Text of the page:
An instrument alleged to have been executed in December of 1955 by the decedent is being offered for probate in the Surrogate’s Court of Queens County. The instrument names an executor and an attorney and draftsman as well.
The decedent passed away in April of 1957. She was survived by her sister to whom she left $500 and the right to be buried in her plot. The decedent left $200 to a former employee. The rest was given to a “dear friend.” The estate has an estimated worth of $5,500.
The sister of the decedent passed away in October of 1957. The proponent filed an amended petition and citation was issued to the unknown kin and the public administrator. The public administrator appeared and interposed objections to the purported will, stating that it was improperly executed as the decedent was not competent at the time the execution of the will took place.
The attorney and draftsman of the will testified that on the first of April, 1955, the decedent along with her friend who is named as the residuary legatee came to his office and asked him to draw power of attorney in favor of her friend so she could handle her bank account and property. The attorney stated that this was the first time that he had represented either woman.
He states that the women did not have an appointment at the time and that he is unsure how the conversation was initiated. He went on to testify that in October or November of 1955, the friend visited his office and requested that he visit the decedent as she wanted to make a will. A New York Probate Lawyer said he went to the nursing home where the decedent told him that she wished to draw a will, but not at that time.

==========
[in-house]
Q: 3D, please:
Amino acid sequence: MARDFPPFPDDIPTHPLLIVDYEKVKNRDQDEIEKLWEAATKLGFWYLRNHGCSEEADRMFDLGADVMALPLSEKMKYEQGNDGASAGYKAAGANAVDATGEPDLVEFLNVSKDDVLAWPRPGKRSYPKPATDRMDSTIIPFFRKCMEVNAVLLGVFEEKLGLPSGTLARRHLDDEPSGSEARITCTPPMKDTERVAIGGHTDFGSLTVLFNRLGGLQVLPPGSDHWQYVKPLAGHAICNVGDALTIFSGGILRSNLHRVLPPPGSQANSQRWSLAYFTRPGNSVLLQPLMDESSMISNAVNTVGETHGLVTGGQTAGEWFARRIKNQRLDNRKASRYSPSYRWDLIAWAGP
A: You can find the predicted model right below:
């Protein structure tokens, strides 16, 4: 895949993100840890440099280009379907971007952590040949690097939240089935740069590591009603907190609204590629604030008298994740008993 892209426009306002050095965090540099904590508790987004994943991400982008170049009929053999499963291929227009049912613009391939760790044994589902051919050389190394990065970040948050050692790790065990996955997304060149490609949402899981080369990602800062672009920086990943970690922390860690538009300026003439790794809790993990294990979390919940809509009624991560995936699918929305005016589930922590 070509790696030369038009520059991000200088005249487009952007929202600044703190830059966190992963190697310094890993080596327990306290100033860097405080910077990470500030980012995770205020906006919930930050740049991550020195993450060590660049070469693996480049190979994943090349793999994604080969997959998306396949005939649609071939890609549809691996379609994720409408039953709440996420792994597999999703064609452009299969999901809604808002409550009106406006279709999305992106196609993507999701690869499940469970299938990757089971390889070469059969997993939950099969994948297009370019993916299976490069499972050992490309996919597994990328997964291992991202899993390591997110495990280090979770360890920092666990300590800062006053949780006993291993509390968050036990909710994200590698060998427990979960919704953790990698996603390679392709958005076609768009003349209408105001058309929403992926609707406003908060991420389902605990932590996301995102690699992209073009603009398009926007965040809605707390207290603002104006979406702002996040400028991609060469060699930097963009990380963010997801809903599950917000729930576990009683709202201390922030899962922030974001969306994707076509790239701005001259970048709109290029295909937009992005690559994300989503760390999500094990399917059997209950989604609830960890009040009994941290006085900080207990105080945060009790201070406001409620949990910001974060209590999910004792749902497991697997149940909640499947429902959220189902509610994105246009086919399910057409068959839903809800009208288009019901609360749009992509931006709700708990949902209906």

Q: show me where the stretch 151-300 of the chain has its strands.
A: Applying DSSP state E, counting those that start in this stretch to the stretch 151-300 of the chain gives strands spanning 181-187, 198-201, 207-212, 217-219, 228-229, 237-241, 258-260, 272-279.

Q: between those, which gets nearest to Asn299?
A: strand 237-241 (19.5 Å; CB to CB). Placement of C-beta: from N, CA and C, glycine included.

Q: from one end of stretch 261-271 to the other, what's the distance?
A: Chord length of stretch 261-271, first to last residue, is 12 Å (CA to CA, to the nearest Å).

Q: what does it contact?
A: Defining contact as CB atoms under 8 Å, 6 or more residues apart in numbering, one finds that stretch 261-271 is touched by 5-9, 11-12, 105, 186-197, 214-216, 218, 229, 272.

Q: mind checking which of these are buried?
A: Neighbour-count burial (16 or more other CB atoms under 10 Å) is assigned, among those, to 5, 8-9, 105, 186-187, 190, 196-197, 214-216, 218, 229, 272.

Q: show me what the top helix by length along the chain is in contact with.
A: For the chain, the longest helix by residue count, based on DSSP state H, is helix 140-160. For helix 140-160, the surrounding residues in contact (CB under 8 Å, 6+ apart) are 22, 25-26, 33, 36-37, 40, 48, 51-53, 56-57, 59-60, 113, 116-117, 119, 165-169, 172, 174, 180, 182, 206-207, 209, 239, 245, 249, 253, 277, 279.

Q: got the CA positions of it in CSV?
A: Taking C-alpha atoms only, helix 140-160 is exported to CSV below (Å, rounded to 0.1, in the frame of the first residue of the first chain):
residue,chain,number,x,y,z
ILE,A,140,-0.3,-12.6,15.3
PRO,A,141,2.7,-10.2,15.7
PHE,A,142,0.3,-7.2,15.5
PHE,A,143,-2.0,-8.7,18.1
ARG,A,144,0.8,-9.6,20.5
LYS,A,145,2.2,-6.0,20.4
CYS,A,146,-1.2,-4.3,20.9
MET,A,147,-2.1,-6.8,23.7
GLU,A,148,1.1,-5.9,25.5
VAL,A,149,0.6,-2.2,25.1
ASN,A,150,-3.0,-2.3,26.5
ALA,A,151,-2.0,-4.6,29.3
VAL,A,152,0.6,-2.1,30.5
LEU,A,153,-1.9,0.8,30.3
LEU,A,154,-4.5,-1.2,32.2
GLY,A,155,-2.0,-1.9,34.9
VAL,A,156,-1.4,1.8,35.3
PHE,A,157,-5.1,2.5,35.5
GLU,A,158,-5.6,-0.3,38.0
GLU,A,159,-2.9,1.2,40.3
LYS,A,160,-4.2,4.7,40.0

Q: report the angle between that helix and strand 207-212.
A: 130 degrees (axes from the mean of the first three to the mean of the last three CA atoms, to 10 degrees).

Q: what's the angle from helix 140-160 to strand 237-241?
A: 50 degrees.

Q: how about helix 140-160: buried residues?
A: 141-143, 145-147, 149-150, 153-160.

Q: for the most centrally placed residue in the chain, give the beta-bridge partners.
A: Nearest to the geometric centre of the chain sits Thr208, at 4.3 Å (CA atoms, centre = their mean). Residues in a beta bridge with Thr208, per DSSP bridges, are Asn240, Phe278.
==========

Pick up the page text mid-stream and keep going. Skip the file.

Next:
Later, the attorney received a phone call from the friend and was told that the decedent wished to leave $500 to her sister, $200 to one of her employees and the rest of her estate to her friend. He prepared the instrument in accordance with these instructions.
Case Discussion and Decision
Suffolk County Probate Lawyers said when the court looks at the way the will was executed it is easy to see that the decedent’s physical and mental condition at the time allowed her to be easily subjected to the influence of a person who wanted to obtain her property.
The lawyer stated that he did not witness the will being signed by the witnesses and therefore proper procedure was not followed to allow for the will to be considered as legitimate. Westchester County Probate Lawyers said it seems likely that the friend arranged the afternoon meeting where the will was executed as none of the family of the testatrix was present at the time.
For these reasons, the court cannot allow this will to be admitted for probate. The will was not signed in accordance to the law and is therefore considered null.
There are many legal issues involved with probate proceedings. It is a good idea to have a qualified and experienced New York probate lawyer on your side during these types of cases. Contact Stephen Bilkis & Associates to speak with one of our lawyers regarding any legal matter that you may have. You may call any of our offices located in New York City to set up an appointment for a free consultation.